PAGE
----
For me, being a Creative Writing student it’s different. I have to give criticism on friends work very regularly. And I receive it too. It does hurt, when someone says they don’t like your work, don’t like your style or you should change things. It hurts because we may have spent a lot of time on that piece. We may feel very strongly about it, we may have put our soul into that piece of writing only to have it torn to shreds before our eyes. I’ve been in that situation many times and I know it’ll happen in the future. It’s inevitable, being a writer. People will criticise your work. Whatever you do, be it writing a novel or planning a wedding, someone will always pick fault. There will be that one person who isn’t happy. Personally, I like these kind of people. Because how else can we improve if we don’t have criticism. I admit that it needs to be constructive criticism as that makes it easier for us to learn without being too offended. But those people who don’t like your work, well it inspires us to try and change their mind. Show them something they have never seen before. Show them what you are really capable of. Then they may feel differently. It may not feel like it at the time, but it is possible to change a readers mind. It can be done, just as long as you don’t give up hope. Being a writer is all about fighting and determination and passion for the written word. It’s about having the confidence to stand up and present the world with your stories, be them controversial or traditional. It is hard for a new writer to get their work out there, to gain a readership. It’s hard to get your work published. But you need to keep at it every single day.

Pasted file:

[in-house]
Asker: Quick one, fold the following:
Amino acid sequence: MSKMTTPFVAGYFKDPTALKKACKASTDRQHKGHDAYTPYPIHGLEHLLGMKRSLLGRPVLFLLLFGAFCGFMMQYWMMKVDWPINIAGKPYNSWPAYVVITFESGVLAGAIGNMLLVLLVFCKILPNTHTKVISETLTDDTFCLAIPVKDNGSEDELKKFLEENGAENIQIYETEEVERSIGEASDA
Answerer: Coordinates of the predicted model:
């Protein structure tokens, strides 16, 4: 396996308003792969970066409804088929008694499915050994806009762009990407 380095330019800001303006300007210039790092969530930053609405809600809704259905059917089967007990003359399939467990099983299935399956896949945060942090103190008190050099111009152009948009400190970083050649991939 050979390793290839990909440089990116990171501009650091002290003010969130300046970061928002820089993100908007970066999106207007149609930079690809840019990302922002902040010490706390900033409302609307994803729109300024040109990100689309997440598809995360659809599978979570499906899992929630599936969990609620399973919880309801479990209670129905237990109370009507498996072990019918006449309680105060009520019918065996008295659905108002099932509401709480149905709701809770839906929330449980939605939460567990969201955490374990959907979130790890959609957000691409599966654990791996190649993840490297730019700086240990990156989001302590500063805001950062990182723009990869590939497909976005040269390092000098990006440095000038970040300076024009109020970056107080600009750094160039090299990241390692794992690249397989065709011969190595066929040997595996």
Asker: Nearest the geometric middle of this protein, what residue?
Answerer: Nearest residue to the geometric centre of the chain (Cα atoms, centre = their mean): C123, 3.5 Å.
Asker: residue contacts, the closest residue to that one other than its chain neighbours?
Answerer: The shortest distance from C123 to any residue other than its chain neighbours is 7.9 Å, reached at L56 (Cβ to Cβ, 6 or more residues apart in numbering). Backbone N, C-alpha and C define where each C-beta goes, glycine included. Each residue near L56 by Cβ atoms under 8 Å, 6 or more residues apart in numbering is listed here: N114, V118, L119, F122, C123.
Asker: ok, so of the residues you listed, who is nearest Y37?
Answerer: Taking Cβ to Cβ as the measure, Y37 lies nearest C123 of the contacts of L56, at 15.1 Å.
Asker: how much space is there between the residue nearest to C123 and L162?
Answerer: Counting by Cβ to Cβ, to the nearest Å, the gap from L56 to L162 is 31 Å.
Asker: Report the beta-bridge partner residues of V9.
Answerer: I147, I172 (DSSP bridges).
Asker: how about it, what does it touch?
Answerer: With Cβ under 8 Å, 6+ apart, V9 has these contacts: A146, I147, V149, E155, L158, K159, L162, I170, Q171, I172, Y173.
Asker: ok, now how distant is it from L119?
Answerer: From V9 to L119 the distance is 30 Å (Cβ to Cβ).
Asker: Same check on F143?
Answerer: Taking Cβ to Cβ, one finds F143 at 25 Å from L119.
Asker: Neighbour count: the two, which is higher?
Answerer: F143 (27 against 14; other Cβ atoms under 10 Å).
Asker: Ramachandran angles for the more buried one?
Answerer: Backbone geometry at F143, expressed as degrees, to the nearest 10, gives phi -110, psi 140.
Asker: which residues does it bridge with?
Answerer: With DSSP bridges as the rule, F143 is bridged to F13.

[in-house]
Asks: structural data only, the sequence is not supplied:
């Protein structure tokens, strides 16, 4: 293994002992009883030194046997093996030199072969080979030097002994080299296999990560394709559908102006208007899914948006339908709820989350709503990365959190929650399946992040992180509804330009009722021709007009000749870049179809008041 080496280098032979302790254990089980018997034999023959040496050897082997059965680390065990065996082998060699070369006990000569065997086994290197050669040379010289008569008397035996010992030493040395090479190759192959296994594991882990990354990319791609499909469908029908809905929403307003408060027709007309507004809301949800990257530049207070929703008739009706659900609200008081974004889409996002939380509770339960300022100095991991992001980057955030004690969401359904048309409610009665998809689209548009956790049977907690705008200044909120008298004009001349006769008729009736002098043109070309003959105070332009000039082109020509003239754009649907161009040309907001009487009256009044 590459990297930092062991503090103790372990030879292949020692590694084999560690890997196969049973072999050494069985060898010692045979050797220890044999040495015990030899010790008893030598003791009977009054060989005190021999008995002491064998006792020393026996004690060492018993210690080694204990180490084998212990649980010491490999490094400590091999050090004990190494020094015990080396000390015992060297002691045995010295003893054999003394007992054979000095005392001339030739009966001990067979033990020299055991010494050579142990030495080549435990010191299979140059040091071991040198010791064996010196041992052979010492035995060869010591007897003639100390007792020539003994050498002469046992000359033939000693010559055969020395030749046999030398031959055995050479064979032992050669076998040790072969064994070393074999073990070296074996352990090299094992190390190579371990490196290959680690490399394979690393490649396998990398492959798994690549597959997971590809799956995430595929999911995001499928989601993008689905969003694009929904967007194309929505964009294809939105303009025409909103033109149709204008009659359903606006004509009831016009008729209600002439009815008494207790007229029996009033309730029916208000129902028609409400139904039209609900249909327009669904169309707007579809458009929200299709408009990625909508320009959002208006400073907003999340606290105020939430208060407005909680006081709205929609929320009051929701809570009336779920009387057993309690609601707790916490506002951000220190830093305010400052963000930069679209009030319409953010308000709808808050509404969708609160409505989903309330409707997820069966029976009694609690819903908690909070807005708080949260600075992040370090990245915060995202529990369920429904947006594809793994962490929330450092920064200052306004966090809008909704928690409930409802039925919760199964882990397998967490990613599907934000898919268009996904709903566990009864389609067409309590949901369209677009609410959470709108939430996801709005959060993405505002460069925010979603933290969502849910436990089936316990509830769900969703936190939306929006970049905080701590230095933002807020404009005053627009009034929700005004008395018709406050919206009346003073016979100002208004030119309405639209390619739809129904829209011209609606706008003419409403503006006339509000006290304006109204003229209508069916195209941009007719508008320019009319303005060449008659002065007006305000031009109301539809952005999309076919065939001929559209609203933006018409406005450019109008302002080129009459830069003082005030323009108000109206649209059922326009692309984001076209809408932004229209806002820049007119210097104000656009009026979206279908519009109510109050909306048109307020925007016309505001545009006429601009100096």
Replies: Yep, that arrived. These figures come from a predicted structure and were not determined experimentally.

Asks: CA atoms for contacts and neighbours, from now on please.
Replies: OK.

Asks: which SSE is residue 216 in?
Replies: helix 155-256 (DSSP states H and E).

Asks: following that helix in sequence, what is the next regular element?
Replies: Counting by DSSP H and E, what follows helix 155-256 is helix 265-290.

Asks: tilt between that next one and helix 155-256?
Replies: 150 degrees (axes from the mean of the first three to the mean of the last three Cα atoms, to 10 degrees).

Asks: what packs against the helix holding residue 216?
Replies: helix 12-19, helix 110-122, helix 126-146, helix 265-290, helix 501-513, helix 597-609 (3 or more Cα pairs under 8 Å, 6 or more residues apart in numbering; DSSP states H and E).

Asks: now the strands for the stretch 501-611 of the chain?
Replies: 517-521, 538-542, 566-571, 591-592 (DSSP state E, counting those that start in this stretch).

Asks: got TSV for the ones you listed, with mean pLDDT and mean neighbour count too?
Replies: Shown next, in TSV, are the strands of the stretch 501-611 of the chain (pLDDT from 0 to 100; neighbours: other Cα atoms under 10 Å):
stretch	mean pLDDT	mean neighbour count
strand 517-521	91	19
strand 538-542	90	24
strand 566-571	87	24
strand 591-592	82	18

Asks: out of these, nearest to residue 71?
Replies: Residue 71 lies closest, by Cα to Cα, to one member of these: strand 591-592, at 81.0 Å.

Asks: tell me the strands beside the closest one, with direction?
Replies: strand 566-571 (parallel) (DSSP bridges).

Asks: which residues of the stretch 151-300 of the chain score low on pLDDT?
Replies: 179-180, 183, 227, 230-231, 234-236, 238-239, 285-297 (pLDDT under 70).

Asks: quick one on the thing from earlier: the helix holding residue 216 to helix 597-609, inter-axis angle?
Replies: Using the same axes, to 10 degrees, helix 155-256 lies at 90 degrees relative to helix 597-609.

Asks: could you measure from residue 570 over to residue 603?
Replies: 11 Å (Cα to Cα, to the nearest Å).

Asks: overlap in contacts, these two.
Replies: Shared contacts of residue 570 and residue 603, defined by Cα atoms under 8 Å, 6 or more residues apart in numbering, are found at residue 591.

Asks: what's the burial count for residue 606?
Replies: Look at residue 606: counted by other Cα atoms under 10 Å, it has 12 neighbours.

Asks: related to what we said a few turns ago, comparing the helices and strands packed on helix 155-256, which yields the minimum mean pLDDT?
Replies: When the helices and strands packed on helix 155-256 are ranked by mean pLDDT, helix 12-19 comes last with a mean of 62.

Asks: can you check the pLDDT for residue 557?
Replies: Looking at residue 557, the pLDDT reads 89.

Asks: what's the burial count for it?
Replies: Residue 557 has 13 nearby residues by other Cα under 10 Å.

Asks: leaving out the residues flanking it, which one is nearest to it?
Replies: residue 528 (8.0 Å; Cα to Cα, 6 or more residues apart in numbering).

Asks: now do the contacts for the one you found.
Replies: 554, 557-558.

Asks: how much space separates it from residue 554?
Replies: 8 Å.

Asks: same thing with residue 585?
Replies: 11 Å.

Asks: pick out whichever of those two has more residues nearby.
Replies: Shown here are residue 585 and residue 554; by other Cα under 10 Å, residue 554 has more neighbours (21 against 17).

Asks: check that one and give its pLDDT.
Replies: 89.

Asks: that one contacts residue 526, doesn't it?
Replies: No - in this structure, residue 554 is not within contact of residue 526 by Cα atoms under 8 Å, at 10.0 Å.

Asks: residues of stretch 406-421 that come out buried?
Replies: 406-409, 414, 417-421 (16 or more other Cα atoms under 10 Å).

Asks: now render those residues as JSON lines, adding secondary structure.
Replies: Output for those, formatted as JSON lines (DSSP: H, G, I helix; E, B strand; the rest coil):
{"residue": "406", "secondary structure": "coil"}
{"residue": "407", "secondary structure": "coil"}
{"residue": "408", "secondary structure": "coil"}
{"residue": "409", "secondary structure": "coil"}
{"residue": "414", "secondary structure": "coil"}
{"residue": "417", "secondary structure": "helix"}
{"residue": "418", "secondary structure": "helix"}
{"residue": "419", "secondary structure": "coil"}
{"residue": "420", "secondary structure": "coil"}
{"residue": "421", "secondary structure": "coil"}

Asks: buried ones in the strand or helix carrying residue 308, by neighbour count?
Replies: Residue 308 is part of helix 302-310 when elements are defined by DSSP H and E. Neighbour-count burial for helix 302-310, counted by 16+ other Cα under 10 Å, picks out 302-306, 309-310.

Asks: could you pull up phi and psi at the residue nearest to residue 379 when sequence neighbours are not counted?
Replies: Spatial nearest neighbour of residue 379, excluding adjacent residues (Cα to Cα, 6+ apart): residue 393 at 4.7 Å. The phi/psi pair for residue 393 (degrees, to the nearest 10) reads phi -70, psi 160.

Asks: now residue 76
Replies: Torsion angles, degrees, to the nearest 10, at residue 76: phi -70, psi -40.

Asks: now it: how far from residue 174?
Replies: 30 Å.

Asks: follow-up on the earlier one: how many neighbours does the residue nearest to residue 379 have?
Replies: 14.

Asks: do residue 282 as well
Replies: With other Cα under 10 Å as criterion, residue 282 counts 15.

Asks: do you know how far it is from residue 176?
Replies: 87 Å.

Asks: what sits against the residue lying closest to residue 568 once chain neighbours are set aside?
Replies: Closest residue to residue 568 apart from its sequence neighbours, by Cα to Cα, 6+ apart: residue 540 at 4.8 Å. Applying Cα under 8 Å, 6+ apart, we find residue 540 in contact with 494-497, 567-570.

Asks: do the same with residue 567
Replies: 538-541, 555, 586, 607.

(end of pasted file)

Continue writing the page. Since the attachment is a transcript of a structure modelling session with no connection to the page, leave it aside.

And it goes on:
After all, it took J.K Rowling a full year to find a publisher who was interested in Harry potter and The Philosopher’s Stone.
For me, it comes down to a few things. Closing your eyes, taking a deep breath and exhaling slowly. Calming both your mind and your heartbeat at the same time. Just forget everything for a few moments and concentrate on yourself. It’s amazing how the little things make a massive difference. And you don’t just have to be a writer to do this, (obviously). Anyone who is struggling, anyone who is panicking or worrying about a meeting, an interview, results from a test. It’s a coping mechanism. We all need some outlet, a safe outlet. Problems won’t go away if you pass out from drinking too much, I see little point in using substances to remain calm and forget about our worries. It’s best to sit down, jot thoughts and feelings down in a notebook and try to get to grips with the root of the problem. You can look back and wonder why you got so upset, so worked up. You may even be able to laugh at your reaction, but you will have learnt how to deal with those feelings if it happens again in the future. There are people around you that can help, that can be that shoulder to cry on and they will pick you up if you fall down. They do this because they want to, not because they have to. And you’d do the same for them, if they were in the same position.